New! View global litigation for patent families

US5959610A - Computer-mirrored panel input device - Google Patents

Computer-mirrored panel input device Download PDF

Info

Publication number
US5959610A
US5959610A US08371462 US37146295A US5959610A US 5959610 A US5959610 A US 5959610A US 08371462 US08371462 US 08371462 US 37146295 A US37146295 A US 37146295A US 5959610 A US5959610 A US 5959610A
Authority
US
Grant status
Grant
Patent type
Prior art keywords
input
audio
knobs
digital
knob
Prior art date
Legal status (The legal status is an assumption and is not a legal conclusion. Google has not performed a legal analysis and makes no representation as to the accuracy of the status listed.)
Expired - Lifetime
Application number
US08371462
Inventor
Scott W. Silfvast
Current Assignee (The listed assignees may be inaccurate. Google has not performed a legal analysis and makes no representation or warranty as to the accuracy of the list.)
Avid Technology Inc
Original Assignee
Euphonix
Priority date (The priority date is an assumption and is not a legal conclusion. Google has not performed a legal analysis and makes no representation as to the accuracy of the date listed.)
Filing date
Publication date
Grant date

Links

Images

Classifications

    • HELECTRICITY
    • H01BASIC ELECTRIC ELEMENTS
    • H01HELECTRIC SWITCHES; RELAYS; SELECTORS; EMERGENCY PROTECTIVE DEVICES
    • H01H19/00Switches operated by an operating part which is rotatable about a longitudinal axis thereof and which is acted upon directly by a solid external to the switch, e.g. by a hand
    • GPHYSICS
    • G11INFORMATION STORAGE
    • G11BINFORMATION STORAGE BASED ON RELATIVE MOVEMENT BETWEEN RECORD CARRIER AND TRANSDUCER
    • G11B27/00Editing; Indexing; Addressing; Timing or synchronising; Monitoring; Measuring tape travel
    • G11B27/02Editing, e.g. varying the order of information signals recorded on, or reproduced from, record carriers
    • G11B27/031Electronic editing of digitised analogue information signals, e.g. audio or video signals
    • G11B27/034Electronic editing of digitised analogue information signals, e.g. audio or video signals on discs
    • HELECTRICITY
    • H01BASIC ELECTRIC ELEMENTS
    • H01HELECTRIC SWITCHES; RELAYS; SELECTORS; EMERGENCY PROTECTIVE DEVICES
    • H01H2217/00Facilitation of operation; Human engineering
    • H01H2217/032Feedback about selected symbol, e.g. display
    • YGENERAL TAGGING OF NEW TECHNOLOGICAL DEVELOPMENTS; GENERAL TAGGING OF CROSS-SECTIONAL TECHNOLOGIES SPANNING OVER SEVERAL SECTIONS OF THE IPC; TECHNICAL SUBJECTS COVERED BY FORMER USPC CROSS-REFERENCE ART COLLECTIONS [XRACs] AND DIGESTS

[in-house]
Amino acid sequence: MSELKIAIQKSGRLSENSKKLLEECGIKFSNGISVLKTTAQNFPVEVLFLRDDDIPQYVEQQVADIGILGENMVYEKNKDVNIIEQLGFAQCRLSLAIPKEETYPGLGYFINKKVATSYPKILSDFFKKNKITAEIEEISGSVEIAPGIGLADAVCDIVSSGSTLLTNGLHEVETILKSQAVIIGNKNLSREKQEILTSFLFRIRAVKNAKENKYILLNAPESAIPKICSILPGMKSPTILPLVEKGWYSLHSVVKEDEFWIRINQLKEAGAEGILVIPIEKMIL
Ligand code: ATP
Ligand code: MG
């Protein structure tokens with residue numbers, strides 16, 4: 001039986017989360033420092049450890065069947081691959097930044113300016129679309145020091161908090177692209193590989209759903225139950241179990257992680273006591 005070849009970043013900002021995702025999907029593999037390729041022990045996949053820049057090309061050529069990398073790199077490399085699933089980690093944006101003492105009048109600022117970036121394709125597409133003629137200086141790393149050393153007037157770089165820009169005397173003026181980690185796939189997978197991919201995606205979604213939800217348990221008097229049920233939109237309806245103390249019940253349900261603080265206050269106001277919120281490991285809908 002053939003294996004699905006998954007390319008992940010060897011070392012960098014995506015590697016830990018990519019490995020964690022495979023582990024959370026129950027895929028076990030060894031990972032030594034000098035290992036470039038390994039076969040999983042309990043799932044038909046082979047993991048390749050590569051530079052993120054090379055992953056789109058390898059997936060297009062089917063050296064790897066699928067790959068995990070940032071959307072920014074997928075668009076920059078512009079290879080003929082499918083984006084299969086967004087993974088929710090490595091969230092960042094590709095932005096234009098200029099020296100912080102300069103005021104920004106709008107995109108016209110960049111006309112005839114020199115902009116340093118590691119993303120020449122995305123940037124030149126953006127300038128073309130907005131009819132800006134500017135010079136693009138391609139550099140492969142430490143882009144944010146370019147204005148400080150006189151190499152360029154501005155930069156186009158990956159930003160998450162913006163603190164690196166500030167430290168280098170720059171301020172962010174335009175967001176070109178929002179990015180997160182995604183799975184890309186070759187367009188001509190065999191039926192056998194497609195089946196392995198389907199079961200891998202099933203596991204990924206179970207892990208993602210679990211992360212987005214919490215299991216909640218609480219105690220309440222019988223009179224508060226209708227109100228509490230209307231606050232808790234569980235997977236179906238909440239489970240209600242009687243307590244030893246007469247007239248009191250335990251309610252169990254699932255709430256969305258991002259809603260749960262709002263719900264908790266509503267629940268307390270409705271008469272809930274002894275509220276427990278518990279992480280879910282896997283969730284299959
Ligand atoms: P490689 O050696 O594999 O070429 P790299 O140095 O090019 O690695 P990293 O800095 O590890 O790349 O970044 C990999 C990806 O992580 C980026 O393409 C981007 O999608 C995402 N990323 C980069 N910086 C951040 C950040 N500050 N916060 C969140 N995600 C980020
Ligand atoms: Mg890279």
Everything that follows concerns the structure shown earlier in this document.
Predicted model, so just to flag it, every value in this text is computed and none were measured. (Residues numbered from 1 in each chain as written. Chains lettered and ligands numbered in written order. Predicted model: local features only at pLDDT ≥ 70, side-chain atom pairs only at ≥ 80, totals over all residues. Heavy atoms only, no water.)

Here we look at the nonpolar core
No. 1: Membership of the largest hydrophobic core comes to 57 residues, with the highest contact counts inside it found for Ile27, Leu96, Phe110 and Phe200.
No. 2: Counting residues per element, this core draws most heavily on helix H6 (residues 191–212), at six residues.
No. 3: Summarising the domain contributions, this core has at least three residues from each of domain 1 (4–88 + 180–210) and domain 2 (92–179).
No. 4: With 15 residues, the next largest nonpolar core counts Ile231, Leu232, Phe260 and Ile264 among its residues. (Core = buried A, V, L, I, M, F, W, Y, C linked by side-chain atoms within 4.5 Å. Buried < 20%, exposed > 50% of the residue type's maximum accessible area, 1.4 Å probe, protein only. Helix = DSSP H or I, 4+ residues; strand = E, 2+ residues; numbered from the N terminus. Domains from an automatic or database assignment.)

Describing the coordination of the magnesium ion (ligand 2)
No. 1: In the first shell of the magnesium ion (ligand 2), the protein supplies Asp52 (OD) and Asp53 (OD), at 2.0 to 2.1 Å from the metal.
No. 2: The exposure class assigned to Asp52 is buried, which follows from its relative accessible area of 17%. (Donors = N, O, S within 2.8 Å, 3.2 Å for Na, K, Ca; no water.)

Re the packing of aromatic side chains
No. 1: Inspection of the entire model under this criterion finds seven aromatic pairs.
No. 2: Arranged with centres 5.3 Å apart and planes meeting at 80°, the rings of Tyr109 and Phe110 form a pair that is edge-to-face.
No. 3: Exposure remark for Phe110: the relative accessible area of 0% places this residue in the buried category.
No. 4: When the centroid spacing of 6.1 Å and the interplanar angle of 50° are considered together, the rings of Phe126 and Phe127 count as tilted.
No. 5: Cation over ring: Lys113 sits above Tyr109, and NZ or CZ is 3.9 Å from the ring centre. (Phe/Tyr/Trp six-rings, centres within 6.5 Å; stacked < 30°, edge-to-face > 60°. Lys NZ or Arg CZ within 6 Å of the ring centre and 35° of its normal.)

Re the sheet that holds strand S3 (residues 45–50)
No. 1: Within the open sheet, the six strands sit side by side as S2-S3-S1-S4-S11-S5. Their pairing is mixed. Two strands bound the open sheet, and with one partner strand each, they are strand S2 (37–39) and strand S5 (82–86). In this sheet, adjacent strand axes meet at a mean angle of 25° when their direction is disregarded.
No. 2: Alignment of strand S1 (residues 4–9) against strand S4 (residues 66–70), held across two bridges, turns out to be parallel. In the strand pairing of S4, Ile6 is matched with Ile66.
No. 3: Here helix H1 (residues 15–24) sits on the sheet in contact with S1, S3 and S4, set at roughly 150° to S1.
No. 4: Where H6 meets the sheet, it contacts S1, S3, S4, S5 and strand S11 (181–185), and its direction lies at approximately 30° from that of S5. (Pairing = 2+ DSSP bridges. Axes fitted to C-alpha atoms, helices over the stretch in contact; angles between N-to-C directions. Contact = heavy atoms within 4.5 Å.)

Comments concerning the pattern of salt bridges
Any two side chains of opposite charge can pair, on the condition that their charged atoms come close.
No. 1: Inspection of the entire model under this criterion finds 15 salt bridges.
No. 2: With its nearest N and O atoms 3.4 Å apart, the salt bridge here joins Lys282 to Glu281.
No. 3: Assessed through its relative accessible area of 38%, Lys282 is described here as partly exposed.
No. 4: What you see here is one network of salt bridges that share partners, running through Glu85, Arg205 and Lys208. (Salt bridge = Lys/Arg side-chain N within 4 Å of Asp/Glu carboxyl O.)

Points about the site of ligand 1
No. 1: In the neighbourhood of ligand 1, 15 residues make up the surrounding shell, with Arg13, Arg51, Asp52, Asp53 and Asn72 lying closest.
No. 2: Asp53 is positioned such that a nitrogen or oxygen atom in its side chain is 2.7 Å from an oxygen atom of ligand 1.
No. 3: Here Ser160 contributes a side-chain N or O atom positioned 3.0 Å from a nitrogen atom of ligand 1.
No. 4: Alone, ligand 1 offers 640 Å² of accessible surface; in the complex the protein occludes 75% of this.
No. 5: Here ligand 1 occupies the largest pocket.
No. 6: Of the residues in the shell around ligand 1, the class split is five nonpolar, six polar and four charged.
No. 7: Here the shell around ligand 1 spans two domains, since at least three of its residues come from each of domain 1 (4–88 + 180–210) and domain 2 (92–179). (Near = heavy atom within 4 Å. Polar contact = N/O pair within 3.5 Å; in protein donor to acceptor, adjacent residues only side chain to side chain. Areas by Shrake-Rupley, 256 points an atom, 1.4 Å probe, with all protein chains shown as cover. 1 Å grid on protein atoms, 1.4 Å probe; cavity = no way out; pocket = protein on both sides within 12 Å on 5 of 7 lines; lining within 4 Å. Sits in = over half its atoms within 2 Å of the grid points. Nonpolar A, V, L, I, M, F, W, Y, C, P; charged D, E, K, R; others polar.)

• Y10TECHNICAL SUBJECTS COVERED BY FORMER USPC
    • Y10STECHNICAL SUBJECTS COVERED BY FORMER USPC CROSS-REFERENCE ART COLLECTIONS [XRACs] AND DIGESTS
    • Y10S715/00Data processing: presentation processing of document, operator interface processing, and screen saver display processing
    • Y10S715/978Audio interaction as part of an operator interface

Abstract

A control panel for digital input having multiple rotary knobs without absolute minimum and maximum settings feeds knob position information back to an operator by providing a display of the knobs with position indicators. The display is updated according to real adjustment of the knobs. This arrangement allows the knobs to be assigned to different inputs and the apparent positions of the knobs to be changed without requiring moving the real knobs. In a preferred embodiment the control system is applied to an audio mixer panel.

Description

CROSS REFERENCE TO RELATED APPLICATIONS

This is a continuation of application Ser. No. 08/080,296 filed Jun. 21, 1993, now abandoned.

FIELD OF THE INVENTION

The present invention is in the area of instruments and systems for managing and mixing audio input for production purposes, such as recordings, and pertains particularly to input actuators and means for resetting same.

BACKGROUND OF THE INVENTION

Audio production for television, video, film, and recorded music sales is a large and growing enterprise, and is the foundation of much of the entertainment industry. Automation in the form of computerization is becoming more and more important as the basis of technical advances in this industry, to provide ability to mix and process more sophisticated and more voluminous audio input, and to provide more flexibility in output. Computerization is also seen as a requirement for cost-effective competition. Manual instruments, systems, and techniques are, by comparison, increasingly more expensive to use.

The basic instrument of audio production is the production mixing console, a workstation presenting an interface to a sound engineer through which he or she may condition multiple channels of audio input, and mix the conditioned results into mono or stereo outputs for direct broadcast or for recording. A production mixing console, hereinafter a mixer, typically presents arrays of input devices, such as switches, knobs, and "faders", for an engineer to set to condition and route audio signals. A fader is typically a slide rheostat through which an amplitude may be adjusted as a result of the linear position of the input lever relative to a track.